Information Processing Capacity in Psychopathy: Effects of Anomalous Attention

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Abstract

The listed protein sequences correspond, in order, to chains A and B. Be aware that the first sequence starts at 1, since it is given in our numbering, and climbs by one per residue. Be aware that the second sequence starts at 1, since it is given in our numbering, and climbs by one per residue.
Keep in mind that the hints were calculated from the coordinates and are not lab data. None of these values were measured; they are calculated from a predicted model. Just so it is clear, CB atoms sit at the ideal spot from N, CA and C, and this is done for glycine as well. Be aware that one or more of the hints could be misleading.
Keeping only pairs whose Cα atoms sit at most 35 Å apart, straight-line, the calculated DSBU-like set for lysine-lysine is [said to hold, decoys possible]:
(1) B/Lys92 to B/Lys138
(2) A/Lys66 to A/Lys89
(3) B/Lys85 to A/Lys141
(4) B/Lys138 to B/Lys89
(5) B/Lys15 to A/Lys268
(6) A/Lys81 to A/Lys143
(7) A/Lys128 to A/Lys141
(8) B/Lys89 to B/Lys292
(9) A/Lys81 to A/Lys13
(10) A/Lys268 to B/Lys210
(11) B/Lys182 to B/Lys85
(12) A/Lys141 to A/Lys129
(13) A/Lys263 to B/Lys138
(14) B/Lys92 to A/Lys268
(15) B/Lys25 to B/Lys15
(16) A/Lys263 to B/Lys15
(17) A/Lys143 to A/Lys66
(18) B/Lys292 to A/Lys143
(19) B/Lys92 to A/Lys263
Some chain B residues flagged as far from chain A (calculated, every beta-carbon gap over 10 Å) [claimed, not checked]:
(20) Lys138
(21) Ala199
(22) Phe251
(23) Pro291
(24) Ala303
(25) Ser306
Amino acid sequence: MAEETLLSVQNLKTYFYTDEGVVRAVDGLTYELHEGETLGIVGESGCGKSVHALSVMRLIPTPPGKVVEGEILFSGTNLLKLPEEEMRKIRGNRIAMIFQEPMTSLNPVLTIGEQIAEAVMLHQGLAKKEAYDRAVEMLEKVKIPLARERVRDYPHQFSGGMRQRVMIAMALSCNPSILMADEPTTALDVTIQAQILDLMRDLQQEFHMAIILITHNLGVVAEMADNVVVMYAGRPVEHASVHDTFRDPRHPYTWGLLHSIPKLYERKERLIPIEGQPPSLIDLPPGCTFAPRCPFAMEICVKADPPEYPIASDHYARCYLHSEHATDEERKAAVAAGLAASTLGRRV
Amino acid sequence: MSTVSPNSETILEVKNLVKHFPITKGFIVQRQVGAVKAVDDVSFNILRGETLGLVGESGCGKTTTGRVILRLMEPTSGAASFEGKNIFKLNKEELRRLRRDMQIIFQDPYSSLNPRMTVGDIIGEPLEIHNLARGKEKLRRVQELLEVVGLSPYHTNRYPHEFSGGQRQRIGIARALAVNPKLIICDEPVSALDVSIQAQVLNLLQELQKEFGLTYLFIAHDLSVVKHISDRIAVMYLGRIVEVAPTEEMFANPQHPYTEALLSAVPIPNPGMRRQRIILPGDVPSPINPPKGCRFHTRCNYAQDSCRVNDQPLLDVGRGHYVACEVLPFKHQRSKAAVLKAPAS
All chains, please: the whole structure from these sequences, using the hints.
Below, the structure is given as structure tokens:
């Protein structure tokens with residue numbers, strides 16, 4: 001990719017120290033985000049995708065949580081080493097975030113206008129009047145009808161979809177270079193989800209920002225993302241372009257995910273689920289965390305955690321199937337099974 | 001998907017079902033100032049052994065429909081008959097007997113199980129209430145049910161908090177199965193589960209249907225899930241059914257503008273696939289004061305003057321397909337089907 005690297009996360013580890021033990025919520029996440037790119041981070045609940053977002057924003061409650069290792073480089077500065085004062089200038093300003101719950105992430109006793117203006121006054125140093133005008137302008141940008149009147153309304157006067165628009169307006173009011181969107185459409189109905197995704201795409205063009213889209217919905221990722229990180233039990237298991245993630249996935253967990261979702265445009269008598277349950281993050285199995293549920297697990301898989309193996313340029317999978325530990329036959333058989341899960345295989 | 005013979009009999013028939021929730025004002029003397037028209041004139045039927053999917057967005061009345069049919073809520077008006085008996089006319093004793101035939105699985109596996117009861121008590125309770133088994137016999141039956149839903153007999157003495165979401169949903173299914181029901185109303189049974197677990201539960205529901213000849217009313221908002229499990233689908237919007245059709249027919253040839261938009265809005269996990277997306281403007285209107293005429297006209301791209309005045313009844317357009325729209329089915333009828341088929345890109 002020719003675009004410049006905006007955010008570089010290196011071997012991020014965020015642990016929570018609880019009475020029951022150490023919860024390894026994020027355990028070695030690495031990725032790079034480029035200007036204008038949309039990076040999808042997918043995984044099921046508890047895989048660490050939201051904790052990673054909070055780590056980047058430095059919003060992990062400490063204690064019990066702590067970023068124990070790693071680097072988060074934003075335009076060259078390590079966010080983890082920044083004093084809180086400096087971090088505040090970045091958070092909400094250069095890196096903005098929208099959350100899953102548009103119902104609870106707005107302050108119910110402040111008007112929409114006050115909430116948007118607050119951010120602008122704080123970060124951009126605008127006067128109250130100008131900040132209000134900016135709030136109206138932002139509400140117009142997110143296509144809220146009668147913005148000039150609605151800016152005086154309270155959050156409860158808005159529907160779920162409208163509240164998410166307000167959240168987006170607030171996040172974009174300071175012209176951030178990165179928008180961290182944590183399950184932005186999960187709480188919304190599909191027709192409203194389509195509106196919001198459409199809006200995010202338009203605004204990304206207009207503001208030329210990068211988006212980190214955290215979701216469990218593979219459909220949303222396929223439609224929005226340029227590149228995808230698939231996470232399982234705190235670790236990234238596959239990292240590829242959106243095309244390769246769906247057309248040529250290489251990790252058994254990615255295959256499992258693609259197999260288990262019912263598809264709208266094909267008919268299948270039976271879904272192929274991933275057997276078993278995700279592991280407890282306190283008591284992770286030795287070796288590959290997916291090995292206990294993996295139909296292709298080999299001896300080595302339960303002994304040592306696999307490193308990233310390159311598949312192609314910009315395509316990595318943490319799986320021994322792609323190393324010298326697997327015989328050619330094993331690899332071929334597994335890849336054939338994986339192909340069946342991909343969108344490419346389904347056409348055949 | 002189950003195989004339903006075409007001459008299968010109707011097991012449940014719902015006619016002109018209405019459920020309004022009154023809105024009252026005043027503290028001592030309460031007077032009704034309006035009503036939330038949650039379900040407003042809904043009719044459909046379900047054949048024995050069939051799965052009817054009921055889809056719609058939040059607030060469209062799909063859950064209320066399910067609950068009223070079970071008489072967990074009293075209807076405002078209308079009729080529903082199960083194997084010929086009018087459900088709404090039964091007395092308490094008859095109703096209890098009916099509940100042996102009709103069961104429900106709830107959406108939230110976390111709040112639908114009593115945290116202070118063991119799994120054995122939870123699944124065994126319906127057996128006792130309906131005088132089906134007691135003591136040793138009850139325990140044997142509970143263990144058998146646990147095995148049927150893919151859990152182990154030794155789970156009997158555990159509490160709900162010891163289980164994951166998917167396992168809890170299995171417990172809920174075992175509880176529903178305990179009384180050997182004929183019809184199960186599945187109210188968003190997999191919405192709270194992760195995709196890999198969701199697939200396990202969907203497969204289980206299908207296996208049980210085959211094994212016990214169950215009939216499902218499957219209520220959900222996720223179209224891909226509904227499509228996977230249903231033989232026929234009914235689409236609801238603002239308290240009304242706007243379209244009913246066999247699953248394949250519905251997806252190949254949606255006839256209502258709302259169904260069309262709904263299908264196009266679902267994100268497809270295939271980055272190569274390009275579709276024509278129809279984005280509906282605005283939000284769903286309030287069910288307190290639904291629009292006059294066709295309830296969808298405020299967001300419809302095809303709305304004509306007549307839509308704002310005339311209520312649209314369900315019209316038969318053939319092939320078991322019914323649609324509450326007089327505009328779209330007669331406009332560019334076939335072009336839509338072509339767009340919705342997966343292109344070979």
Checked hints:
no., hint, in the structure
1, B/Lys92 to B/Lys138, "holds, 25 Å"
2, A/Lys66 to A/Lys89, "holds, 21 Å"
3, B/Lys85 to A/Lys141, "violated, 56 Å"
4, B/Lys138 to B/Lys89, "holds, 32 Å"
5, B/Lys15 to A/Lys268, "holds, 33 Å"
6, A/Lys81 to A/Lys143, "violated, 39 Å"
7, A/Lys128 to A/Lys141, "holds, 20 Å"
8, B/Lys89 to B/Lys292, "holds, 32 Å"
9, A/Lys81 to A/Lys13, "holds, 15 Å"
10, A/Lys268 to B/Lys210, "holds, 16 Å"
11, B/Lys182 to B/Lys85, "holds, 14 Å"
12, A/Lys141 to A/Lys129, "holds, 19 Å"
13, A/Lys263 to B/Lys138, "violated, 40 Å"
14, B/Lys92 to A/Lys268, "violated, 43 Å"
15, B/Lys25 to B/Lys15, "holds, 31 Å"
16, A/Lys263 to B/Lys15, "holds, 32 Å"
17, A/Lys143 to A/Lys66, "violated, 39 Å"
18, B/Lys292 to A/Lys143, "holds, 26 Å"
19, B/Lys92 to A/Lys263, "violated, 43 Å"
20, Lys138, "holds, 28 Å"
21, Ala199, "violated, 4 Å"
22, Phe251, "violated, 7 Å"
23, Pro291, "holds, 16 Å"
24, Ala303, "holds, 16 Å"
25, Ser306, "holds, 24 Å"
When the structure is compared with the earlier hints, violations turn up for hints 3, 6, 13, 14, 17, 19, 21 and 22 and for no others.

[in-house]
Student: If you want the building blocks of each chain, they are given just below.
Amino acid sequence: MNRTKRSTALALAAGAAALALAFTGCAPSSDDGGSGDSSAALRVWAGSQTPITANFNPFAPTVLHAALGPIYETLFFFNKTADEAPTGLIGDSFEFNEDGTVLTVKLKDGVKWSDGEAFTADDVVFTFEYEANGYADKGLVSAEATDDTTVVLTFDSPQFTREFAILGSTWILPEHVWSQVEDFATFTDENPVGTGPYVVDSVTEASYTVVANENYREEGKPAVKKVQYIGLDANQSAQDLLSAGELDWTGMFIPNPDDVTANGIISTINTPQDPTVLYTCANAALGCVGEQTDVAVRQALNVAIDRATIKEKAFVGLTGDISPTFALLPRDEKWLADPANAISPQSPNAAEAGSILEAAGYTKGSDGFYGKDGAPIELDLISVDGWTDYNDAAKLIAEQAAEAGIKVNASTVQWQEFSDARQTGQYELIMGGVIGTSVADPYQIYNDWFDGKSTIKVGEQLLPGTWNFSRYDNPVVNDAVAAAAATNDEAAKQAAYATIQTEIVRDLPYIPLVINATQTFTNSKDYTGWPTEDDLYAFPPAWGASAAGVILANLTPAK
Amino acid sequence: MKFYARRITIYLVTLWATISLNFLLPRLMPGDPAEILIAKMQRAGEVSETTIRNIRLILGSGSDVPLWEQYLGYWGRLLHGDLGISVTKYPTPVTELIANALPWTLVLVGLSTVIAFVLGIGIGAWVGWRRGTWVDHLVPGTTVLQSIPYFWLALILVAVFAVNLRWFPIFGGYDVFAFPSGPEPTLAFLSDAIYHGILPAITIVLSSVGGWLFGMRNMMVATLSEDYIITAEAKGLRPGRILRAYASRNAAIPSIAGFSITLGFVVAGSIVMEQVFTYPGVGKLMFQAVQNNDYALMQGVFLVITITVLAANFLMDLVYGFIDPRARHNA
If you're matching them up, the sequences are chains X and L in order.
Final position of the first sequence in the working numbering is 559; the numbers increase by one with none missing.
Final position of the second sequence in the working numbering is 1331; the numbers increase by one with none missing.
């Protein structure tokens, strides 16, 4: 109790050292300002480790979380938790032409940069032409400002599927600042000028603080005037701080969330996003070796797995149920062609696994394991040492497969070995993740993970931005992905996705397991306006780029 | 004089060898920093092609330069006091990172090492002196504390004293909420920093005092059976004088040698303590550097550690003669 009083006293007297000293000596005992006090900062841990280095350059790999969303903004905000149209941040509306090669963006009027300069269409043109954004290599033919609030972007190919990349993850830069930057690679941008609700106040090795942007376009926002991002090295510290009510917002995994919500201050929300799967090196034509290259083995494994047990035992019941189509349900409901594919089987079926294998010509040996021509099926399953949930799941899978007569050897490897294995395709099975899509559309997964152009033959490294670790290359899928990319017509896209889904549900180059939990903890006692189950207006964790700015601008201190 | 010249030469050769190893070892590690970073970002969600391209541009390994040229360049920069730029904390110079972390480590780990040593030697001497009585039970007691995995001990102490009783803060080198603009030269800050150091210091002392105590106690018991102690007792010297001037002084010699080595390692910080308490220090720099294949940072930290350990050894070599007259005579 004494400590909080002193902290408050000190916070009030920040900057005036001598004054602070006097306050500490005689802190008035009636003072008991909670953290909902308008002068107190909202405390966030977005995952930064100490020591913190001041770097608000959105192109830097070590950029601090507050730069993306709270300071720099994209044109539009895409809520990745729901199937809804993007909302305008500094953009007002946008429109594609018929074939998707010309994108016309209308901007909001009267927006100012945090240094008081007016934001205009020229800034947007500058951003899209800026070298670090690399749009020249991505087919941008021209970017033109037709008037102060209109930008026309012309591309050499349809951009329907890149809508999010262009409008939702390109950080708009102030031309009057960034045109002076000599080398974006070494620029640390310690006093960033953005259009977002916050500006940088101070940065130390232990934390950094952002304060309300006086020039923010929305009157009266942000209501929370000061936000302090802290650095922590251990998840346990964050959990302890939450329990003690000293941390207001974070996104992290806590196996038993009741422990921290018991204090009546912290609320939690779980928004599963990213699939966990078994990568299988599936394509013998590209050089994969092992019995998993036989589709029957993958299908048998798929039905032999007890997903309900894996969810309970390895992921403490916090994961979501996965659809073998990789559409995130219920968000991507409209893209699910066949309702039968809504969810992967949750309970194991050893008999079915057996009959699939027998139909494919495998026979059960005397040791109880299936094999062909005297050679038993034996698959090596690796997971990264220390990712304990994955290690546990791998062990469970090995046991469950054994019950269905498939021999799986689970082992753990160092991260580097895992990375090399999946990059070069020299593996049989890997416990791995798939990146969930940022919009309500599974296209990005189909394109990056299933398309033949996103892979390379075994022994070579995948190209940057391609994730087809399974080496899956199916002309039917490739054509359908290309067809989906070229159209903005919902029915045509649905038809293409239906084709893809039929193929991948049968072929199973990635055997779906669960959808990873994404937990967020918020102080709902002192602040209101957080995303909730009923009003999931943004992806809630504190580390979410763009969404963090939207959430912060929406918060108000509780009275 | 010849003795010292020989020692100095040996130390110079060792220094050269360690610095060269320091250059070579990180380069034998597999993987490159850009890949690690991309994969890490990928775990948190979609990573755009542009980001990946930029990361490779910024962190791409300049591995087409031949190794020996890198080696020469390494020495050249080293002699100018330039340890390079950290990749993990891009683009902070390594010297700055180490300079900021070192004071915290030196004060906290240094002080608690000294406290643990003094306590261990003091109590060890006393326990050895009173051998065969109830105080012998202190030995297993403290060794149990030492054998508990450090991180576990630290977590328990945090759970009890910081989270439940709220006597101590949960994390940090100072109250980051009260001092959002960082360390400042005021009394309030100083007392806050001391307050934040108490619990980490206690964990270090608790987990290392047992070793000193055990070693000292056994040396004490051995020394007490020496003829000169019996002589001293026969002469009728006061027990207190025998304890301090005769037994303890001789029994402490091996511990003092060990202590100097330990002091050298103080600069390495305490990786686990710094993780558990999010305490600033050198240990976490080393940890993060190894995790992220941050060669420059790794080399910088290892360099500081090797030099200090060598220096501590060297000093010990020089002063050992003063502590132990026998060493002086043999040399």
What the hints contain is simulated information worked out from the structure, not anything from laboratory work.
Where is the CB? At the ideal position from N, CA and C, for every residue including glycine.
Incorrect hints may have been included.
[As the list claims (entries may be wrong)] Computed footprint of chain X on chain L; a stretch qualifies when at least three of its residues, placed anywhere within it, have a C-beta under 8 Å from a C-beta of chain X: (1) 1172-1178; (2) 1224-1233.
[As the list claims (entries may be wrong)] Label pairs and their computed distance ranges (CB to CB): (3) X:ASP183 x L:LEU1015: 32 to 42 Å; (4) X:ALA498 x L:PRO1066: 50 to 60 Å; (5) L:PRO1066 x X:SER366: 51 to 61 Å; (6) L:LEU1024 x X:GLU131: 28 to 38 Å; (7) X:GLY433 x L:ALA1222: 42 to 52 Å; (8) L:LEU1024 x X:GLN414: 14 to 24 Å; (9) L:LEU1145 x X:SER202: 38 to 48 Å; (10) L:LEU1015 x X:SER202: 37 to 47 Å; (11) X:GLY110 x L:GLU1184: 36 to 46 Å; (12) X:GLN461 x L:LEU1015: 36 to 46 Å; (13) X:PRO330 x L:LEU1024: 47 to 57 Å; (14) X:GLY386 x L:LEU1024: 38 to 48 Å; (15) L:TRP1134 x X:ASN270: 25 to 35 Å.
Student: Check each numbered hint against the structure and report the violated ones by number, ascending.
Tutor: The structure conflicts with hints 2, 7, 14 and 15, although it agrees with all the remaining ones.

Hamilton and colleagues (2015) recently proposed that an integrative deficit in psychopathy restricts simultaneous processing, thereby leaving fewer resources available for information encoding, narrowing the scope of attention, and undermining associative processing. The current study evaluated this parallel processing deficit proposal using the Simultaneous—Sequential paradigm. This investigation marks the first a priori test of the Hamilton et al.’s theoretical framework. We predicted that psychopathy would be associated with inferior performance (as indexed by lower accuracy and longer response time) on trials requiring simultaneous processing of visual information relative to trials necessitating sequential processing. Results were consistent with these predictions, supporting the proposal that psychopathy is characterized by a reduced capacity to process multicomponent perceptual information concurrently. We discuss the potential implications of impaired simultaneous processing for the conceptualization of the psychopathic deficit.

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